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Environmentalists commend DWC decision

Environmentalists who commended the Department of Wildlife and Conservation’s (DWC) decision to limit the number of jeeps entering the Yala National Park (YNP) asked that Department officials be allowed to enforce the regulation without any interference.

The Wildlife and Nature Protection Society (WNPS) of Sri Lanka which held a media briefing on the subject stressed that it was important that vehicle numbers be restricted in the park to conserve both wildlife as well as tourism.

“If it continues in the way it does and the tourist numbers grow, the park will not last for very long,”Vice President of the Society, Ranil Peiris said.

He was addressing the media at the BRC Clubhouse. “Around 70 percent of tourists who visited Yala said they would not return though they were able to spot animals because they had a uncomfortable experience,” added WNPS Committee member Rohan Wijesinghe who insisted that the government needed to focus on improving the tourism experience in the country, if the tourism numbers are to rise.

DWC sources stated that in 2016, Yala had a total number of 658,277 visitors to the park in over 700 registered jeeps; the most frequently visited national park in the country. Given such pressures put on the park, the Prime Minister’s Office appointed a Committee in 2016 headed by former DWC Director General Dr.Sumith Pilapitiya to look into ways of reducing the number of visitors.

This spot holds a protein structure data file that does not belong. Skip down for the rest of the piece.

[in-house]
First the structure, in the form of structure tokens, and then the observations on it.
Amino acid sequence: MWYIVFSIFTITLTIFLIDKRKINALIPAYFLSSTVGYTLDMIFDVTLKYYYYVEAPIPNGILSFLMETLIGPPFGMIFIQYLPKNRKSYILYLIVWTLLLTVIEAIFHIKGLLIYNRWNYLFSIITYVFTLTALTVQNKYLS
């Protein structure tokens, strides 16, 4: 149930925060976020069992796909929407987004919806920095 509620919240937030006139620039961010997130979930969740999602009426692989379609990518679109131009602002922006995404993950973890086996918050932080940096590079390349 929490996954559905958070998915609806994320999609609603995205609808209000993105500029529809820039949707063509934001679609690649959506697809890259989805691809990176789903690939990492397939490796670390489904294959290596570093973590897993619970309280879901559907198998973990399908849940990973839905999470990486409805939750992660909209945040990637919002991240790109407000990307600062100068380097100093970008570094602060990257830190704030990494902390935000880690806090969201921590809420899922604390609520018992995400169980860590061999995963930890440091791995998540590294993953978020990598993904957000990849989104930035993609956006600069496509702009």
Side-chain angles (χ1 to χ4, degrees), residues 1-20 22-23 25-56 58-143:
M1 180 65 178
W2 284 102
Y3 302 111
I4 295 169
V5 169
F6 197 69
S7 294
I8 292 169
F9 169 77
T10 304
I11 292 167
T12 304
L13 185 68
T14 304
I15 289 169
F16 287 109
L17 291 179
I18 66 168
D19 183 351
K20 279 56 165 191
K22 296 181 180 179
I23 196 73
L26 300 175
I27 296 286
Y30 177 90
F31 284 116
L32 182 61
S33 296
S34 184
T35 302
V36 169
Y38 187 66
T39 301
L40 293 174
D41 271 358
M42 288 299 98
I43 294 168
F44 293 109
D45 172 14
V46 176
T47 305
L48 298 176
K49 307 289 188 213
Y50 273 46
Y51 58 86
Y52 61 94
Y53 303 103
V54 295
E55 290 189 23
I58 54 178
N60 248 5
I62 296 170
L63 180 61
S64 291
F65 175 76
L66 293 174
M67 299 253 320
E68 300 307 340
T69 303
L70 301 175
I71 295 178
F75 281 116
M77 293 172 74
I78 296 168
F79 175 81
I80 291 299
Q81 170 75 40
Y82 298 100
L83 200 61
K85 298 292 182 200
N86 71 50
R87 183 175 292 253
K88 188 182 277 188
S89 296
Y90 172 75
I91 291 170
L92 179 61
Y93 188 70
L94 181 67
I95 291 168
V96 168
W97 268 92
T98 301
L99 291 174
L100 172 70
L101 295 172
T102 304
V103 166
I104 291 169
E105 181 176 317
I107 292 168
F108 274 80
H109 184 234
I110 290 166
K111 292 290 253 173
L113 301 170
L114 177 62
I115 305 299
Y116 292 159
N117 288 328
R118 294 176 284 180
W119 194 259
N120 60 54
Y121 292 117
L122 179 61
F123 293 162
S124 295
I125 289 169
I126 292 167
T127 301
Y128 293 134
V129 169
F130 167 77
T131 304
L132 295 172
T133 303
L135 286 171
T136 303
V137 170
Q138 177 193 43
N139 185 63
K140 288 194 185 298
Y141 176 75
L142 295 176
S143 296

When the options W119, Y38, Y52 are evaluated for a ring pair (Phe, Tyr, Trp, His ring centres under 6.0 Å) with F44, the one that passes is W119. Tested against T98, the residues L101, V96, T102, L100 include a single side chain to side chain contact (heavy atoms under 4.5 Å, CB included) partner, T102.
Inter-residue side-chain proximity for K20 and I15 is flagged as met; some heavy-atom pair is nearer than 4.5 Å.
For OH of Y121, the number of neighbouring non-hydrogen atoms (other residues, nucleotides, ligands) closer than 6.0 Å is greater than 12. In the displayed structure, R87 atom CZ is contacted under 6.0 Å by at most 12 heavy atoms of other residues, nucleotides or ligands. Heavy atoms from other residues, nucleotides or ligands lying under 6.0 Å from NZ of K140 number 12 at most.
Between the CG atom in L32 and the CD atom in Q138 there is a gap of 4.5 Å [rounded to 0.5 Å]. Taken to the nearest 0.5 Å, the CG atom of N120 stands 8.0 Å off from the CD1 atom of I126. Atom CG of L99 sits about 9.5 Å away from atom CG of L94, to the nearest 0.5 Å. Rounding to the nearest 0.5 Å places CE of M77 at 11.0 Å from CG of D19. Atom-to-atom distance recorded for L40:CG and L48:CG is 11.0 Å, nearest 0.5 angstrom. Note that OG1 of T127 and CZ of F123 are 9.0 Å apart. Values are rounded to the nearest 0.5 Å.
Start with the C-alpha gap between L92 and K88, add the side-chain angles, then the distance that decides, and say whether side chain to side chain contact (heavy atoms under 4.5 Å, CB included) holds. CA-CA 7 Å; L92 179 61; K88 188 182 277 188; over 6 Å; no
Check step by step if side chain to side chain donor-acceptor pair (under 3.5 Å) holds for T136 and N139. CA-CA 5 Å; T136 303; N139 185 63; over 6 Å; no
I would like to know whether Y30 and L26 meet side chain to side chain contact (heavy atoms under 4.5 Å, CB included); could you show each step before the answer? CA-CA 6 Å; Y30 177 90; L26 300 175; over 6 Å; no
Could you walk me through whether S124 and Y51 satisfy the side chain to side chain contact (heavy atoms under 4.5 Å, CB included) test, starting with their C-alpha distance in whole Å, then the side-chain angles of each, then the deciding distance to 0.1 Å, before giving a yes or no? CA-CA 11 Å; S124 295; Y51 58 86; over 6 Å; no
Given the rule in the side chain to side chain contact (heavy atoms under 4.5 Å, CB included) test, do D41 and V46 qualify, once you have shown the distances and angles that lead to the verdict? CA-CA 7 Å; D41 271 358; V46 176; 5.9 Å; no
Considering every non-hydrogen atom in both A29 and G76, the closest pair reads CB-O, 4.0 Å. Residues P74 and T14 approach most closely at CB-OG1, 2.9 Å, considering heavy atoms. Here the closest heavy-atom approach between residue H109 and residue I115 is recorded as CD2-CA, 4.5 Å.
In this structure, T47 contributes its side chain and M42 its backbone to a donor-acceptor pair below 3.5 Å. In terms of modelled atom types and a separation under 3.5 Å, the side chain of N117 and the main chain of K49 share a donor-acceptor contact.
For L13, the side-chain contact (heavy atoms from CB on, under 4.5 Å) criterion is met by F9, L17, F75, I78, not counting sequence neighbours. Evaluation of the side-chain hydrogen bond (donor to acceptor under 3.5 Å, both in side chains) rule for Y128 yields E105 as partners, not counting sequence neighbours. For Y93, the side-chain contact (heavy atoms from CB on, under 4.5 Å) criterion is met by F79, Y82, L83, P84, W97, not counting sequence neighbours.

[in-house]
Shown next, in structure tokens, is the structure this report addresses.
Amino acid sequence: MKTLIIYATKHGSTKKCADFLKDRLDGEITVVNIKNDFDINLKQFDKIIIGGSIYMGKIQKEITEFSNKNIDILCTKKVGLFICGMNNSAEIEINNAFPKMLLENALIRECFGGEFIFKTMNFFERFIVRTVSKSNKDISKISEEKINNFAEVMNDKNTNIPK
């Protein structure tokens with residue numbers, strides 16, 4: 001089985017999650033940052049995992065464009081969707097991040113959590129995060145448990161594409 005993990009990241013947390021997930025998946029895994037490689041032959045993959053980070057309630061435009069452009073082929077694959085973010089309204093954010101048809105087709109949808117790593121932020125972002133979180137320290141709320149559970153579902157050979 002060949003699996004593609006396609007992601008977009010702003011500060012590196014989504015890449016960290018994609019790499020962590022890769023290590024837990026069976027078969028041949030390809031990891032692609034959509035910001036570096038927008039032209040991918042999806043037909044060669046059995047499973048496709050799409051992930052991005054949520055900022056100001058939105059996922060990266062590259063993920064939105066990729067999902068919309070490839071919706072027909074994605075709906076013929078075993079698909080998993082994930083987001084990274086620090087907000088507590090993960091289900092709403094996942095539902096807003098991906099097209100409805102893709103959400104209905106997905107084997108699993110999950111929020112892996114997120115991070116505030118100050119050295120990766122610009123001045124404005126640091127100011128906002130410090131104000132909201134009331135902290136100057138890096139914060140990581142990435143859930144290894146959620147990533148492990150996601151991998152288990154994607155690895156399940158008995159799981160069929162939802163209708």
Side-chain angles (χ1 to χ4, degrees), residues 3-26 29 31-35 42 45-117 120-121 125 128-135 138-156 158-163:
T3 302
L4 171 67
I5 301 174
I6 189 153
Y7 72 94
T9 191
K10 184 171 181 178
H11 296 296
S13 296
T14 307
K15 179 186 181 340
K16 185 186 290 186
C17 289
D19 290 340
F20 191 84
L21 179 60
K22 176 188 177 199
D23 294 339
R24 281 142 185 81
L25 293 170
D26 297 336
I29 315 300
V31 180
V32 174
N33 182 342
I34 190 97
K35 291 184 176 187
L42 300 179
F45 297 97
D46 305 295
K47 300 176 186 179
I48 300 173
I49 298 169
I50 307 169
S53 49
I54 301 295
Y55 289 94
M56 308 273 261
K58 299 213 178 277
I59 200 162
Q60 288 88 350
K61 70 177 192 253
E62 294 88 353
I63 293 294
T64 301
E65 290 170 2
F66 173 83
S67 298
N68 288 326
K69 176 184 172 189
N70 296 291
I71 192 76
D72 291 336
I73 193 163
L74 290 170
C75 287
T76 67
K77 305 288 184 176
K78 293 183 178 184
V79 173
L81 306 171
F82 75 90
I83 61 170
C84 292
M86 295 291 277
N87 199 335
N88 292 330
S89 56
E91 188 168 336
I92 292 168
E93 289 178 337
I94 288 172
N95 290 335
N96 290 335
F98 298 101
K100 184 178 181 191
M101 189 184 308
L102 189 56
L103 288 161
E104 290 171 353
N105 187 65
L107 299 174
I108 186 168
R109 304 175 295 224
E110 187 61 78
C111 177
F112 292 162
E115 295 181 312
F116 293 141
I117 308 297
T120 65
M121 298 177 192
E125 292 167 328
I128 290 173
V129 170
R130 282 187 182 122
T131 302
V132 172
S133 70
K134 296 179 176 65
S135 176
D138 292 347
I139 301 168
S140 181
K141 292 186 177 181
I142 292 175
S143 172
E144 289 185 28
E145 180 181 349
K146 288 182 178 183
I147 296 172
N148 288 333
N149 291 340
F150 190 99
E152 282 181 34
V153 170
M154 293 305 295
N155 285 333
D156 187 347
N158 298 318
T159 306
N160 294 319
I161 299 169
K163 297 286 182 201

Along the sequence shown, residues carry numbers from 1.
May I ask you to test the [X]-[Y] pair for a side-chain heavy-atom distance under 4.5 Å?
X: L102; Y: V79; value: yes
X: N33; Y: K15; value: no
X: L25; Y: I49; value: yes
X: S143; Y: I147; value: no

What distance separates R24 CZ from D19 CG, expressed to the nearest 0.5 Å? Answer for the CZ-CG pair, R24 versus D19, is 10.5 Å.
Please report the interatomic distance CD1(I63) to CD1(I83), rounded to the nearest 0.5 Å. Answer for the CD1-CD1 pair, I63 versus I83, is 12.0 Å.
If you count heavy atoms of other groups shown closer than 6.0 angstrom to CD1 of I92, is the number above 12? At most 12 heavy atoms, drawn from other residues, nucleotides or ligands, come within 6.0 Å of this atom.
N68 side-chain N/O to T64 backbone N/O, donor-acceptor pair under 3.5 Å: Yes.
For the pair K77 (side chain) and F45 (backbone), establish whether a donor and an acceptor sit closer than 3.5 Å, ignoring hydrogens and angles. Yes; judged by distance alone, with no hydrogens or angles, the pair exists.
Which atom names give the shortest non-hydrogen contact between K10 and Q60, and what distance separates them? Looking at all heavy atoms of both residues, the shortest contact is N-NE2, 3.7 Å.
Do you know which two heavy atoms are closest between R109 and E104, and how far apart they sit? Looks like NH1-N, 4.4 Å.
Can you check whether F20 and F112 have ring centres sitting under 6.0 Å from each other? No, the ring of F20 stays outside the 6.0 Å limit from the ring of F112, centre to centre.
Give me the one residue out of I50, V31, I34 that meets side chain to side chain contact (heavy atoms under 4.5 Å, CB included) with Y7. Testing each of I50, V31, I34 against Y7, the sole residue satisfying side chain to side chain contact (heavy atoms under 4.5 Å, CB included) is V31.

“One of their main recommendations was to limit the number of vehicles entering the park and to enforce driver discipline,” Dr.Pilapitiya said.

“Their recommendation to limit vehicle numbers was thus implemented when the Park was reopened on October 23, almost a week earlier than expected. The DWC had earlier decided to close it for two months, due to the prevailing drought.

The sudden limits imposed on the jeep drivers however drew wide protests from the Jeep Drivers’ Association with many insisting that their incomes would be effected and have launched a boycott of Block 1 in Yala,” he said.

Dr.Pilapitiya who was part of the proposal however pointed out that the action plan prepared by his team had been implemented too soon and in an unsystematic manner. He blamed political interferences in the recent protest with the jeep drivers and stated that there would be no problem if officials and jeep drivers were allowed to come a mutually beneficial settlement.

“Wildlife has become highly political in the last 10 years, as a former DG, I know that we cannot do the job properly due to political interferences,”he said.

“Since 2008 vehicle numbers to the park have been on the increase, with numbers rising by over 1,000 percent from 2008-2016,” Dr.Pilapitiya said.

“In 2015, the reawakening Yala programme was designed and in 2016 we started to implement it. We were able to successfully implement that because the Department did not allow political interferences. For example, in the early months of 2016, former Park Warden Suranga Rathnayake banned over 70 jeeps and no one protested. “This was because we implemented the law for all equally,” Dr.Pilapitiya said.

He stressed that it was important to implement these programmes with the social aspect of livelihoods in mind and that jeep drivers welcome such changes as it would improve the long term viability of their own profession.

“The only grievance they have is that the law is not applied to all drivers equally,” the former DG said.

Dr.Pilapitiya’s committee had suggested 31 short term actions, nine mid-term and two long term but he pointed all of these had to be implemented without political interference and in a systematic manner.

The fastest possible decision to implement, he said would be the improvement of driver discipline.

“You cannot impose such rules immediately. The situation is very complex, it is better to have discussions and come to a common agreement that is beneficial for all,”Dr.Pilapitiya said.

The DWC and the Jeep Drivers’ Association representatives were expected to meet last night to come to an agreement over the limits.